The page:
The meaning of a word or an expression can change over time. For instance, describing someone's action as "sessoku" is no compliment today, as it implies the person is being slipshod or hasty. Originally, however, "sessoku" had the positive meaning of getting something done laudably fast, even if a bit clumsily.
Another example is "ka mo naku fuka mo nashi," which translates as "neither good nor bad." But this was not what Confucius meant when he first used this expression. As I understand it, the Chinese sage meant it as a warning against inflexibility in planning one's actions. According to a book I consulted, the expression denotes "being flexible in one's thinking" in present-day China.
Ever since assuming office, Prime Minister Yoshihiko Noda has taken great pains to play everything safe. He makes me want to compare the past and present meanings of "ka mo naku fuka mo nashi."
Take his policy speech of Oct. 28 before the Diet. Given how careful he was to avoid saying anything unsafe, I imagine even ruling Democratic Party of Japan lawmakers didn't quite know when to applaud. I must say I was quite impressed by his smooth delivery, but his speech was long on cliches and quite short on words of his own.
It was actually pathetic that when he got to one of the highlights of his speech--apart from where he mentioned his post-3/11 reconstruction efforts--all he could talk about were the salary cuts for himself and his Cabinet ministers.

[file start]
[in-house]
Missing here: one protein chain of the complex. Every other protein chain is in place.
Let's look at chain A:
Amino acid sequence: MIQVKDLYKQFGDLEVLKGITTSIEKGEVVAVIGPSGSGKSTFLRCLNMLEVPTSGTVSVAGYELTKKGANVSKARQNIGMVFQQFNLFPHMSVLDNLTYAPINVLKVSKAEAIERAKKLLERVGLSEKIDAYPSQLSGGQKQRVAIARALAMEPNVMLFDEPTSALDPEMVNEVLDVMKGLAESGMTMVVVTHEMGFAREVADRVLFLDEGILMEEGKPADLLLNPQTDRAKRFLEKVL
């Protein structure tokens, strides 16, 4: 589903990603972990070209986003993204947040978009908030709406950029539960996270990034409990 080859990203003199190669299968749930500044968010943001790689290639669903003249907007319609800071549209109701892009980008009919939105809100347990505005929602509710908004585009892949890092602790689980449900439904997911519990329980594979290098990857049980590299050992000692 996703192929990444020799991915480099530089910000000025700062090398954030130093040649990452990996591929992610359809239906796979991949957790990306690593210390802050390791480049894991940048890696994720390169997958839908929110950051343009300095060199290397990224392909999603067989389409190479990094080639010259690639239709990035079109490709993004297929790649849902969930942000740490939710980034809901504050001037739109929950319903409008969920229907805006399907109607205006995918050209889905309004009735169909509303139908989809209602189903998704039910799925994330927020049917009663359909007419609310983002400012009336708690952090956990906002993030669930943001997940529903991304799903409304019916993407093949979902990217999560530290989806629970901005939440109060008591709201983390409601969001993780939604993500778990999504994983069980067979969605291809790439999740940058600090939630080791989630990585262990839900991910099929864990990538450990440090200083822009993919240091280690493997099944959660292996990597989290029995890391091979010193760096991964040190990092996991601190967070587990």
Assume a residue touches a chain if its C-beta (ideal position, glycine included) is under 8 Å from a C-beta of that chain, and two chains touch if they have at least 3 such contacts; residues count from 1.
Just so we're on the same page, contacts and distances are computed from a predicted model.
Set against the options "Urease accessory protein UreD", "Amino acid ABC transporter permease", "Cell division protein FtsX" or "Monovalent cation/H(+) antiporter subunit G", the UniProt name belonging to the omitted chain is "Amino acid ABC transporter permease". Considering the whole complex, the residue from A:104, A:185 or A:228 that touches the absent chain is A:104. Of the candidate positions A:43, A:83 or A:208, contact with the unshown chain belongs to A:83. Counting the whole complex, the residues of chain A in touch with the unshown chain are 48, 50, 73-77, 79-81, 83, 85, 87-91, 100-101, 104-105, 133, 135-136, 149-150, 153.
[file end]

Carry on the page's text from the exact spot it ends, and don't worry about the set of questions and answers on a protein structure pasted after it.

His comments on the highly controversial Trans-Pacific Partnership Agreement (TPP) and the Futenma relocation issue were cursory at best, and he did not even go into the issues of social security and increasing consumption tax. Discretion is the better part of valor, right?
Confucius preached the virtue of moderation. Noda is obviously a seeker after this virtue, but moderation can sometimes be synonymous with opportunism and the absence of "self." I hope this doesn't apply to Noda, but I do wonder if he is capable of standing up to Washington, the bureaucracy and the business community.
I recall that the great yokozuna Taiho was said to have "no style of his own." This was intentional on his part, as it gave him the flexibility to take on any opponent and win.
Is Noda like Taiho? I sincerely hope his lack of his own style will not prove to be his undoing.
--The Asahi Shimbun, Oct. 29
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Vox Populi, Vox Dei is a popular daily column that takes up a wide range of topics, including culture, arts and social trends and developments. Written by veteran Asahi Shimbun writers, the column provides useful perspectives on and insights into contemporary Japan and its culture.
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